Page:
NZ Tax Refunds Limited v Brooks Homes Limited & Ors

Court of Appeal
O’Regan P, Arnold and Miller JJ
27 March 2013

This case concerned rival businesses providing online tax refund services.

The appellant, NZ Tax Refunds Limited (“NZTRL”), was the largest player in the market with a 30% market share.  It had operated the and from 2008.  The respondents (collectively referred to as “MRL”) operated the rival website,, also from 2008.

In 2011 and May 2012 respectively, MRL commenced use of the following trade names and websites:

(a) “Tax Refund NZ” /;

(b) “NZ-Tax Refund” /

Each of these trade names was administratively linked to MRL’s “My Refund” business.  They were not independent businesses in their own right. Users of and websites were required to use My Refund’s forms and accept My Refund’s Terms & Conditions.

MRL explained its intention behind the adoption of the name “Tax Refund NZ” as being to obtain a web address with “NZ” in it to meet competition from overseas providers. It also referred to changing consumer practices where consumers simply put the term “tax”, “refund” and “NZ” into search engines to find a provider.

The market was not one filled with particularly distinctive trade names - the two other significant players in the market operated from the websites and, and other New Zealand websites apparently used the word “tax refund.”

NZTRL had become aware of MRL’s “Tax Refund NZ” trade name and associated website in 2011 but did not send a cease and desist letter until 30 March 2012.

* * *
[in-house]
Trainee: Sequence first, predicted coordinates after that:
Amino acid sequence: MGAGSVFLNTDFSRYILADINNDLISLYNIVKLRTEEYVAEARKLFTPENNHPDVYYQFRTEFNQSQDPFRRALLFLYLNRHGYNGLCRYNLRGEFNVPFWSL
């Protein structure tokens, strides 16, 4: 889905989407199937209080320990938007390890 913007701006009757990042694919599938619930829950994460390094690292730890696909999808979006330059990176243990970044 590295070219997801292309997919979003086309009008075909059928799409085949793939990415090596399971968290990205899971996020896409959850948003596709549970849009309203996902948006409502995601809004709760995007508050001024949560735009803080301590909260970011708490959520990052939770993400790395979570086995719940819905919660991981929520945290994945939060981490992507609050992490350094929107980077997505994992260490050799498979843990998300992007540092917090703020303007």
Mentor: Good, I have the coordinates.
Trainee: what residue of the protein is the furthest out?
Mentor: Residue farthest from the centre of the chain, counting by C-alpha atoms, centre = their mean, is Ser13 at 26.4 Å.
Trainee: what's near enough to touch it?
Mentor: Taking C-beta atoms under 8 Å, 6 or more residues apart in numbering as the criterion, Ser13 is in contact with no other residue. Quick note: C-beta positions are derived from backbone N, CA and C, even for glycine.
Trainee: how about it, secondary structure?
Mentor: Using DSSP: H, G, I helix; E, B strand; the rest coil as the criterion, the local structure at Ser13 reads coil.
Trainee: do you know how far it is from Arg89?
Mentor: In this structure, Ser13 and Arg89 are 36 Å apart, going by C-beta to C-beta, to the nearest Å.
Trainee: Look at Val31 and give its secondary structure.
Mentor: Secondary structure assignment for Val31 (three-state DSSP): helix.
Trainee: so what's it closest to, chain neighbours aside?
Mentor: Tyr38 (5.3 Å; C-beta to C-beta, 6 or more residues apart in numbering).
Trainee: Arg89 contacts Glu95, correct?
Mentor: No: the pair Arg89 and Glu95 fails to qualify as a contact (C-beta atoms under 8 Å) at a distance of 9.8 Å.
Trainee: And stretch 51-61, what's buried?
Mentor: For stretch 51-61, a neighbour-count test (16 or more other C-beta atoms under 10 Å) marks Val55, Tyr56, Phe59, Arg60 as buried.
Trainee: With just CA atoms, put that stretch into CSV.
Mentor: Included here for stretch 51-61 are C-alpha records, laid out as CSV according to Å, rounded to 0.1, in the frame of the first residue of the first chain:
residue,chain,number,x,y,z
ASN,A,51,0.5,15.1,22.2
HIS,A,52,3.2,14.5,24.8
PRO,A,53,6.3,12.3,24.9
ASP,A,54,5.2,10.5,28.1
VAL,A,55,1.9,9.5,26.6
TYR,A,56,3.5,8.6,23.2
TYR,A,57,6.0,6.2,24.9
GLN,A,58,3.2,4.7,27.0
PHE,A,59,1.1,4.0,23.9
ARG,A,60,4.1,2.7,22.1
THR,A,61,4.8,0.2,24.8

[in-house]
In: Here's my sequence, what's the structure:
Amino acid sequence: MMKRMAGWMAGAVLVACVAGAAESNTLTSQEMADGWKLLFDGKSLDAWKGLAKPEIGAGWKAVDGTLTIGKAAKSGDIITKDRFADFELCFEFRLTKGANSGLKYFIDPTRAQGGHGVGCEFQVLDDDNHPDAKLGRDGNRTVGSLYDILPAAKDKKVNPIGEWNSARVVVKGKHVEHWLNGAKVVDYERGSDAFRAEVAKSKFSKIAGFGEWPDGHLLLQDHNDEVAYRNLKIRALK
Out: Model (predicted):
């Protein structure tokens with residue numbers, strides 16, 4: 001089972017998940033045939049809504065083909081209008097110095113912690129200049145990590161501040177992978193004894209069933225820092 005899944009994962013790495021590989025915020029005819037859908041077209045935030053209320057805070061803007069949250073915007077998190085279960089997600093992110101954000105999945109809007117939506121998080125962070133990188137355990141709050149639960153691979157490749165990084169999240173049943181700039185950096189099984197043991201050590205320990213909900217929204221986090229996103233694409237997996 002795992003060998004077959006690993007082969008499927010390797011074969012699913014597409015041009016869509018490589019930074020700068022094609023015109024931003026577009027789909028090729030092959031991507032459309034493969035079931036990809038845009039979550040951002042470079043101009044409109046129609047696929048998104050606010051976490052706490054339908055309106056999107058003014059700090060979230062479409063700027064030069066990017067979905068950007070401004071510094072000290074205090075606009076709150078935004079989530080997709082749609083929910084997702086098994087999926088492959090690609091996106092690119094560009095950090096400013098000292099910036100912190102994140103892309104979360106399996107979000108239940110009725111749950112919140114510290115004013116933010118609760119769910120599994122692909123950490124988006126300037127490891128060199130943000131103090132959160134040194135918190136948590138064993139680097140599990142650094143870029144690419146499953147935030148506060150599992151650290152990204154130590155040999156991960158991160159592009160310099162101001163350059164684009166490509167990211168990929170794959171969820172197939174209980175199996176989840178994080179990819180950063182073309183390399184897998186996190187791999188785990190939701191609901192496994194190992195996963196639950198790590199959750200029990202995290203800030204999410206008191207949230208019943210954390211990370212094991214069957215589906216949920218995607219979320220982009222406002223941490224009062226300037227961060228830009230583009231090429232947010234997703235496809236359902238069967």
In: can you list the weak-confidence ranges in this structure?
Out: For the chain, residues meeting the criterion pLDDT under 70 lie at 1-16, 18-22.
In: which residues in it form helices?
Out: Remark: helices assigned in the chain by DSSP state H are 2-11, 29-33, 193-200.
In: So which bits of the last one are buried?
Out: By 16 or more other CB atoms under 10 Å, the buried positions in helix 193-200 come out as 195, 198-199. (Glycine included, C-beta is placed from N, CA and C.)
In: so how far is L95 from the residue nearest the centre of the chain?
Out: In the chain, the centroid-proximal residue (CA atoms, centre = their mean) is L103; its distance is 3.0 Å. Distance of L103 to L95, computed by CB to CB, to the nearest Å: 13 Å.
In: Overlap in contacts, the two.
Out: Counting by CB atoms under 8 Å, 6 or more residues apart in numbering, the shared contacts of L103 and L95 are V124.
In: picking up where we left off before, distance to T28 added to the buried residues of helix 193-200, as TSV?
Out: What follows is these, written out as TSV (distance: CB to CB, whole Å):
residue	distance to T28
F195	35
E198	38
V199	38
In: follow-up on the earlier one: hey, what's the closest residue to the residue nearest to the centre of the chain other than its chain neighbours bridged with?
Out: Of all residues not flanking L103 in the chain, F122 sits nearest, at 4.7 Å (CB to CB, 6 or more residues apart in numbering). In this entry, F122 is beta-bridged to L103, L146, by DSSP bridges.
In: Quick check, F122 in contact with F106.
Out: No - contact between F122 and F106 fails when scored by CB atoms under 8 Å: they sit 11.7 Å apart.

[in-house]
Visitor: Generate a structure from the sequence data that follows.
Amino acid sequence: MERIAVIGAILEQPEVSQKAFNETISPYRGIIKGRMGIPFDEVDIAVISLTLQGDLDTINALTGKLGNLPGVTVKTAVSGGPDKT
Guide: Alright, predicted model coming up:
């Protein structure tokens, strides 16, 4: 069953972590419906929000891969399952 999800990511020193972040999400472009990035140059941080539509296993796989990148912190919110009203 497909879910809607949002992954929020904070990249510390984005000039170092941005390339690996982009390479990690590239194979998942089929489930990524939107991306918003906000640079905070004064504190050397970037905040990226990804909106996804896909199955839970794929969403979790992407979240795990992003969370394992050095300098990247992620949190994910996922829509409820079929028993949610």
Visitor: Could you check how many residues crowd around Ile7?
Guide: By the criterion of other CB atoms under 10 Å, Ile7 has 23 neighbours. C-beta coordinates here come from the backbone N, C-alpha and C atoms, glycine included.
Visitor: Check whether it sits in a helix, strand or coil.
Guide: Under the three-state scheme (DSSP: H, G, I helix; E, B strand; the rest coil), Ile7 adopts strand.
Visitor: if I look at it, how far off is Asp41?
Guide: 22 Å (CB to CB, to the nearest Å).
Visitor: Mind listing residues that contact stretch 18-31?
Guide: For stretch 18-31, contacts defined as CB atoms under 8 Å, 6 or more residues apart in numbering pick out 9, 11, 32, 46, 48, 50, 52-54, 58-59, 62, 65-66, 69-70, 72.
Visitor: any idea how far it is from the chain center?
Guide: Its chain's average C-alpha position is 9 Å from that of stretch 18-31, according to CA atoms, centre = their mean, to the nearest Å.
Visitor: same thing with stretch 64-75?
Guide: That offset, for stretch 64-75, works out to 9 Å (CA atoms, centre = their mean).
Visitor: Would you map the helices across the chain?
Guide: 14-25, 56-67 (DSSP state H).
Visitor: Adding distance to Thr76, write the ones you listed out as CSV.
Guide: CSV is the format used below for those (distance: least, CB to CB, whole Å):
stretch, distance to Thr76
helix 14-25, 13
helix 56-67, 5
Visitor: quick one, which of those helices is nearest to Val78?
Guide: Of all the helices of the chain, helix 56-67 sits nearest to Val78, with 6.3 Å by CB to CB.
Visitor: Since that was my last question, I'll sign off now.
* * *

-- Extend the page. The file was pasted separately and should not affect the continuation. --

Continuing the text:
NZTRL issued proceedings against MRL alleging that a breach of s9 of the Fair Trading Act 1986 (‘misleading or deceptive conduct’) and the tort of passing off, as a result of having adopted names similar to its own. It also sought an interim injunction prohibiting the use of those names.

Decision under appeal

At first instance, Fogarty J granted an interim injunction in respect of the name “NZ-Tax Refund” and its associated website, but declined to grant an interim injunction in respect of the name “Tax Refund NZ.”

In respect of “Tax Refund NZ,” Fogarty J appeared to consider that there was no serious question to be tried, and determined that the balance of convenience did not favour the grant of an injunction for the following reasons:

(a)  An injunction would be a significant immediate impairment to the “Tax Refund NZ” business;

(b)  An injunction would not necessary be to NZTRL’s immediate advantage given the other similar names in use in the market;

(c)  An injunction would force MRL into a new brand name which did not use the words “tax” or “refund”;

(d)  NZTRL had not challenged the use of another similar trade name by a third party,, despite its considerable market share.

NZTRL appealed Fogarty J’s decision not to grant an interim injunction against MRL in respect of the “Tax Refund NZ” trade name.

Held, allowing the appeal and granting the interim injunction.

Approach to appeal

(1)  The grant of an interim injunction involves the exercise of a discretion. Such a decision is amenable to appeal on the basis that the judge has erred in law, taken account of an irrelevant matter, failed to account of a relevant matter or is plainly wrong. [13]

Novartis New Zealand Limited v Aktiebolaget Hassle [2004] 2 NZLR 721 (CA) at [53]; Kacem v Bashir [2011] 2 NZLR 1 at [32]

(2)  This is subject to the qualification that whether there is a serious question to be tried is an issue which calls for judicial evaluation rather than the exercise of a discretion. Where an appellate court disagrees with a judge’s finding that there is no serious issue to be tried, the appellate court will have to carry out its own assessment of the balance of convenience and the overall justice of the case, although it may derive assistance from the judge’s analysis of those aspects. [13]

S9 Fair Trading Act 1986

(3)  S9 of the Fair Trading Act is directed to promoting fair dealing in trade by proscribing conduct which, examined objectively, is deceptive or misleading in the particular circumstances. It is not necessary to show that the person alleged to have breached the section had an intention to mislead or deceive, or actually misled, a capacity to mislead is sufficient. [15]